Governments are not the problem. We are

14 Jun 2013

* June Article of the Month *

Orwell was wrong. About the world of today, at least. Society as we know it is far removed from the totalitarian dystopia of Oceania; the government isn’t trying to control us as Alex Jones would have you believe. ‘They’ are indeed compiling data into a universal database or ‘Prism’ as ‘they’ call it. The morals are indeed questionable, but in no way are ‘they’ controlling our language, banning books or spying on our every thought. Orwell was wrong.


The situation has played out exactly as Aldous Huxley prescribed: 

“A democracy which makes or even effectively prepares for modern, scientific war must necessarily cease to be democratic. No country can be really well prepared for modern war unless it is governed by a tyrant, at the head of a highly trained and perfectly obedient bureaucracy.”

Never has a quote been more applicable to a situation than this. 

Yes, the government are collecting data on and about us, but we must take some responsibility for this. We have willingly given it to them. After all, the Amish aren’t being tracked. How did we willingly give ‘them’ our information, I’m sure you will ask? And that’s where Huxley comes in.

Whilst Orwell feared those who would force us into submission, Huxley feared those who would give us so much that we would be reduced to passivity, narcism and egotism. Just think about your activity. How many tweets, facebook posts, instagrams, vines, etc. did you post today? How many of those were in outrage at a government watching our every move? Your self-importance is all consuming: it’s all you care about. 

And just that is our problem as a race. We are striding towards hedonistic nihilism with every obnoxious tweet, every embrace of commercial cheeriness and every espousal of sexual promiscuity- whether partaking in the act, or nonchalantly allowing it to continue.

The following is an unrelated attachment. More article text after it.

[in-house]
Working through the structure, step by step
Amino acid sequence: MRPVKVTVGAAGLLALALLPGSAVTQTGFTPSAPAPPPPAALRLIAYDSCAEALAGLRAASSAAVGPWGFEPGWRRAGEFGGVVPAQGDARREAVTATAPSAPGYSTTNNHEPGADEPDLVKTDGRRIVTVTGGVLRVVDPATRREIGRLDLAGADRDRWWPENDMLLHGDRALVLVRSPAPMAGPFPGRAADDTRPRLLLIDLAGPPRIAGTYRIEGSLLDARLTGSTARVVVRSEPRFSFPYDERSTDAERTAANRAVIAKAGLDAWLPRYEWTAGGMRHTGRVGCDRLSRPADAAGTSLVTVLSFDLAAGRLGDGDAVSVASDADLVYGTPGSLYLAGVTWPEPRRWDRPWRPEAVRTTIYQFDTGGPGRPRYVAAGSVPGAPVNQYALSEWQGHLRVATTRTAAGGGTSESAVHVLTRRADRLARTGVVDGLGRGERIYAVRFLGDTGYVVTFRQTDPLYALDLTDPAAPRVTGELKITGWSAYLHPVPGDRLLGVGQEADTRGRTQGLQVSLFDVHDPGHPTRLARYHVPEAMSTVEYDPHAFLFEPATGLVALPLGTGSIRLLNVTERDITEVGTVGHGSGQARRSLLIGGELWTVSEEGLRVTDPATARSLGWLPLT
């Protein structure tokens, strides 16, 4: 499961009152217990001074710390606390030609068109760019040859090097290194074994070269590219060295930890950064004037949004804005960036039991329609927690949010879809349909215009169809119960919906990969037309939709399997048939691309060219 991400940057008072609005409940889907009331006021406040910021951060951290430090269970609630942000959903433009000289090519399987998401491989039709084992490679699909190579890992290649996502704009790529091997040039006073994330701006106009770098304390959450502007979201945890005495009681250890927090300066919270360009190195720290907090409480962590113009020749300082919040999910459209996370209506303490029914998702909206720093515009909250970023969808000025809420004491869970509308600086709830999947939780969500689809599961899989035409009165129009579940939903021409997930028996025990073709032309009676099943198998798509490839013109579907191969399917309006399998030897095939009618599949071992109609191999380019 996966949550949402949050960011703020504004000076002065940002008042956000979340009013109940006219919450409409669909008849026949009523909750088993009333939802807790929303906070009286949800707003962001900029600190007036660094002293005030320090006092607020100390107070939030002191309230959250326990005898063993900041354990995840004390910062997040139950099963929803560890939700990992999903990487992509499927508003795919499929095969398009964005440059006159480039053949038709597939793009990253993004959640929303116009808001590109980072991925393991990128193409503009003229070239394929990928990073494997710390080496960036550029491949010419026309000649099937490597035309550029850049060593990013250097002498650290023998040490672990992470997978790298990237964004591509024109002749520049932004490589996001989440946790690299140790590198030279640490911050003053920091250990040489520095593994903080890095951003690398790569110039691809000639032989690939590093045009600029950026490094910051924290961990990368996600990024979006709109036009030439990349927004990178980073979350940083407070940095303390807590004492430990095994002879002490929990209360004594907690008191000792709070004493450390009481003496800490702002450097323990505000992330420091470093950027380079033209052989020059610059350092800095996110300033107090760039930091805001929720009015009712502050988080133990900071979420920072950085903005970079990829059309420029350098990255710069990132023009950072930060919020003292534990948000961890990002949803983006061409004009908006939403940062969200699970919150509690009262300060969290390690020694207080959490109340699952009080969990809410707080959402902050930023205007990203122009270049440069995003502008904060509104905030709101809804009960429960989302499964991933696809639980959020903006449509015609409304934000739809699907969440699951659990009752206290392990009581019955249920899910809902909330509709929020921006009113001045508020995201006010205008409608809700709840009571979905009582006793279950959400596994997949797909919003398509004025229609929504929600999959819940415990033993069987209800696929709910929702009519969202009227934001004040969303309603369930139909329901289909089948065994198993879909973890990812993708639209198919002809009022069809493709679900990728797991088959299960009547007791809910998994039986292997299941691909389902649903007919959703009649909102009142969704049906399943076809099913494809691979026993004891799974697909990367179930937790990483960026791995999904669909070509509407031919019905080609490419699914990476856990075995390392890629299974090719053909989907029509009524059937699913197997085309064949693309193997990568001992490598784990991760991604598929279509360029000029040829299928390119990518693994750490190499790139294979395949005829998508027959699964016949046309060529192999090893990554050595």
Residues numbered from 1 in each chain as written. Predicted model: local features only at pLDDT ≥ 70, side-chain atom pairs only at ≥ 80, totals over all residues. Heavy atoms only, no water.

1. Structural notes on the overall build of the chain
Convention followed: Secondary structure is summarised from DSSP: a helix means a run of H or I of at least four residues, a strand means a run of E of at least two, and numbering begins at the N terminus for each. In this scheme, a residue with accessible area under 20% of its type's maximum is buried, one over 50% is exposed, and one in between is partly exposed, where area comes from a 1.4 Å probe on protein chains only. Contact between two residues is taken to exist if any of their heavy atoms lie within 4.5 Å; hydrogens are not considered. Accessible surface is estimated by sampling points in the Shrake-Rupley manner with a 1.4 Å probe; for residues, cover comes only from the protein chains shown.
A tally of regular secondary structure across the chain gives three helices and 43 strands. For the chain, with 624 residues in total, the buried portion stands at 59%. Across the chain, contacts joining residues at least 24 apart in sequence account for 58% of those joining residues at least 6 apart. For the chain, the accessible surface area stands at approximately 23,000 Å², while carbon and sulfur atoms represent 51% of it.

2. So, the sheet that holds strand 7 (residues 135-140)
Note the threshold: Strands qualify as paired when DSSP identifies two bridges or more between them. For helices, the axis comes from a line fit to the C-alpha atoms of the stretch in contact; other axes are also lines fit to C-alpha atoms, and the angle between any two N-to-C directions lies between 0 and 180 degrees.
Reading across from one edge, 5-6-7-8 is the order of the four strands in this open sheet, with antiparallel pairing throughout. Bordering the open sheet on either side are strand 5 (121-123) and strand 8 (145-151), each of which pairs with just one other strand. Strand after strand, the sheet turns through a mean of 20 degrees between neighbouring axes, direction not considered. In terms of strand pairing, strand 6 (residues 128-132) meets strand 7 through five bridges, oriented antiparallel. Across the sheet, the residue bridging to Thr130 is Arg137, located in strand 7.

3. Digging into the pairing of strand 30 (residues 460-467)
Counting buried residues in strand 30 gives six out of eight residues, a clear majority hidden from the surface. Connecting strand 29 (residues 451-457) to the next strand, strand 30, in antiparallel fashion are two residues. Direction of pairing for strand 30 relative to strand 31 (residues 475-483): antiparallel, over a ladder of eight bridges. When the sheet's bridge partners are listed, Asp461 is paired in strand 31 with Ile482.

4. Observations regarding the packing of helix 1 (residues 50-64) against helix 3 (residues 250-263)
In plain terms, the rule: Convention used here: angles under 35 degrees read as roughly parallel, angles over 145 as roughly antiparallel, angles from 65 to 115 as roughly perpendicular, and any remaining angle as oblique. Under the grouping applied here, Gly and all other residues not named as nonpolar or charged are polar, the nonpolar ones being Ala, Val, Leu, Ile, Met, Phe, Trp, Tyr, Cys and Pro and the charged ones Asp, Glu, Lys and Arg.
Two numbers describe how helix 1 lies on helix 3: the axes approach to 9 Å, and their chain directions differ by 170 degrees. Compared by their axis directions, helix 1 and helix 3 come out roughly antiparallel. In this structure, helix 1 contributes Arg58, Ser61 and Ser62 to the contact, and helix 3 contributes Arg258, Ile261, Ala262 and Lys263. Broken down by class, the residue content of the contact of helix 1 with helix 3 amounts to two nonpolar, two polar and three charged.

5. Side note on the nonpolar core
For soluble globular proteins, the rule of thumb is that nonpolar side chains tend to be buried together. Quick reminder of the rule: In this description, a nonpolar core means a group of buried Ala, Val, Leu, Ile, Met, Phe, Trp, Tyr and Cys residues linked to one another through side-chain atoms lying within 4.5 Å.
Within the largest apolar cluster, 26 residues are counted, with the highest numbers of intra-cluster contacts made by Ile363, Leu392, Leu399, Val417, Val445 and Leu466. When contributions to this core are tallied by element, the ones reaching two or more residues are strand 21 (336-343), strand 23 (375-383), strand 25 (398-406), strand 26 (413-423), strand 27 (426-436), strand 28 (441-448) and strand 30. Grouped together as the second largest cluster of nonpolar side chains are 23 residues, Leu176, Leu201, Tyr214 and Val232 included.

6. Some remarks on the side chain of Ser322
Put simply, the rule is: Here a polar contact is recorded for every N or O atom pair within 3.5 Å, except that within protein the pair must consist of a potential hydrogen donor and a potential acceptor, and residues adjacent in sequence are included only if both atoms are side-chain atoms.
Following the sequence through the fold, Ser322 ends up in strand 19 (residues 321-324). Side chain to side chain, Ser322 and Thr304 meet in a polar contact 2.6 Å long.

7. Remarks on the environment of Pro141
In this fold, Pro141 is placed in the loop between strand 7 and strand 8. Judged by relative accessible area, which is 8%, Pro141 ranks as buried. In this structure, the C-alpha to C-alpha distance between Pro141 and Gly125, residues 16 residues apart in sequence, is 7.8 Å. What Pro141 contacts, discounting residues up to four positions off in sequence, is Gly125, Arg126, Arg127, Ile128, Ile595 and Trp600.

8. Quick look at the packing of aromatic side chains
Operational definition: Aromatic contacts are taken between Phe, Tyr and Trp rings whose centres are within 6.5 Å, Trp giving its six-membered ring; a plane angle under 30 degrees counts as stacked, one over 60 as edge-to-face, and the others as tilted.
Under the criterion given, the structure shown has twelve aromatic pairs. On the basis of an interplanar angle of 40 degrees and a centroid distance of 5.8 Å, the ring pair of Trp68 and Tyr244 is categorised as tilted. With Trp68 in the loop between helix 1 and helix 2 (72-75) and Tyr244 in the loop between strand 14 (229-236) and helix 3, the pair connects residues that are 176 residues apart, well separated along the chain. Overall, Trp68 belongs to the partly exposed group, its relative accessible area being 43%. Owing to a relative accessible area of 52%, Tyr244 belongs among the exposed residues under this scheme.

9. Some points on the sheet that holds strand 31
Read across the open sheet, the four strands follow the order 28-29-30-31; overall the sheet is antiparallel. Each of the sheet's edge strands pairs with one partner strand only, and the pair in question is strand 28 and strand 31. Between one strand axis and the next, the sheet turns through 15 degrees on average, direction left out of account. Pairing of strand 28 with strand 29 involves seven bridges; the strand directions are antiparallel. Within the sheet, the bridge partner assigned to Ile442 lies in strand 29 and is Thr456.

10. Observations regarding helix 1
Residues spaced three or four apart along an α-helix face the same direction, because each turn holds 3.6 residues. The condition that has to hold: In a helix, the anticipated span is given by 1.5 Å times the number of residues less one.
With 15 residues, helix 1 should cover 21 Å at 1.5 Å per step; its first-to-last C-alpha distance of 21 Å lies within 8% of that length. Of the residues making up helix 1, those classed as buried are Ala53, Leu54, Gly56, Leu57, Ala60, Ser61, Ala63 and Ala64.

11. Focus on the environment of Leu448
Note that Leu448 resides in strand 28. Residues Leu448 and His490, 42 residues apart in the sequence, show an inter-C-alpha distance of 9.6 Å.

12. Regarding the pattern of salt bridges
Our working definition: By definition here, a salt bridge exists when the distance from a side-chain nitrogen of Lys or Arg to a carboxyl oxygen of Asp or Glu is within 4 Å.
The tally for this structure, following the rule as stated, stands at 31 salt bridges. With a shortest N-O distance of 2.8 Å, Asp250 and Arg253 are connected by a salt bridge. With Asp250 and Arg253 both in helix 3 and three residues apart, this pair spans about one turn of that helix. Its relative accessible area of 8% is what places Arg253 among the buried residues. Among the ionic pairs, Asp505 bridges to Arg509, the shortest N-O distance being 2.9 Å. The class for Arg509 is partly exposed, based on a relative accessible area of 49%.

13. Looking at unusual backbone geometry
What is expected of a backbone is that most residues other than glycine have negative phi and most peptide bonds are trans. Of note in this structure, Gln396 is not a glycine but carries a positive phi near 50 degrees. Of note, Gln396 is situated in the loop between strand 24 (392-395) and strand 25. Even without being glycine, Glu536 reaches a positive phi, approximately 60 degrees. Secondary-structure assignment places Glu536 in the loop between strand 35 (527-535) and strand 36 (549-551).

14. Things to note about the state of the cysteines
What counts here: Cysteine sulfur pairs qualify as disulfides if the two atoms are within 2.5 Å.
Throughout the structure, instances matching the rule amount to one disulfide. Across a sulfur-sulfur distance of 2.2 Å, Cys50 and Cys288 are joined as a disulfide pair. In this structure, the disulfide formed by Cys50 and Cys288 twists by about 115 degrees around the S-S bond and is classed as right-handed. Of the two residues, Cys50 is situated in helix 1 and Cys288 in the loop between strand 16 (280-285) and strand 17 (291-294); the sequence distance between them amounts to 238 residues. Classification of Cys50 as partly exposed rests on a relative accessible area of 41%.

Huxley feared we would become a trivial culture, preoccupied with the megalomania of nothingness. He feared that government wouldn’t try ban books, because nobody would want to read them anyway. He feared that man’s appetite would consist of infinite distractions, rather than a thirst for self-bettering, improved knowledge and true euphoria.

I look at my house, my school, my community alone and I see Huxley’s fears coming to fruition. How many people left are monomaniacs, driven and committed to their ideas, their passions? How many read for fun? I bet less than the number of pictures you posted on facebook or twitter in the past week. 

Apart from Huxley's reasoning, I just can't fathom why such an advanced society would not question the moral and ethical issues at hand. The government are 'watching' you. Instead of partaking in a debate about the merits and faults of a government holding data on our every action, people would rather just watch TV talent show finals, which they tweet about who they think should win- as of course, their opinion is absolute.

Since when did the manifesto of the free world become life, liberty and pursuit of twitter followers? When did we stop caring about others and only ourselves?  When did we as a people succumb to the evils of narcissism? The government may be ‘hacking’ us, but that’s not the problem at hand; the problem is we don’t care.

By Adam Isaacs

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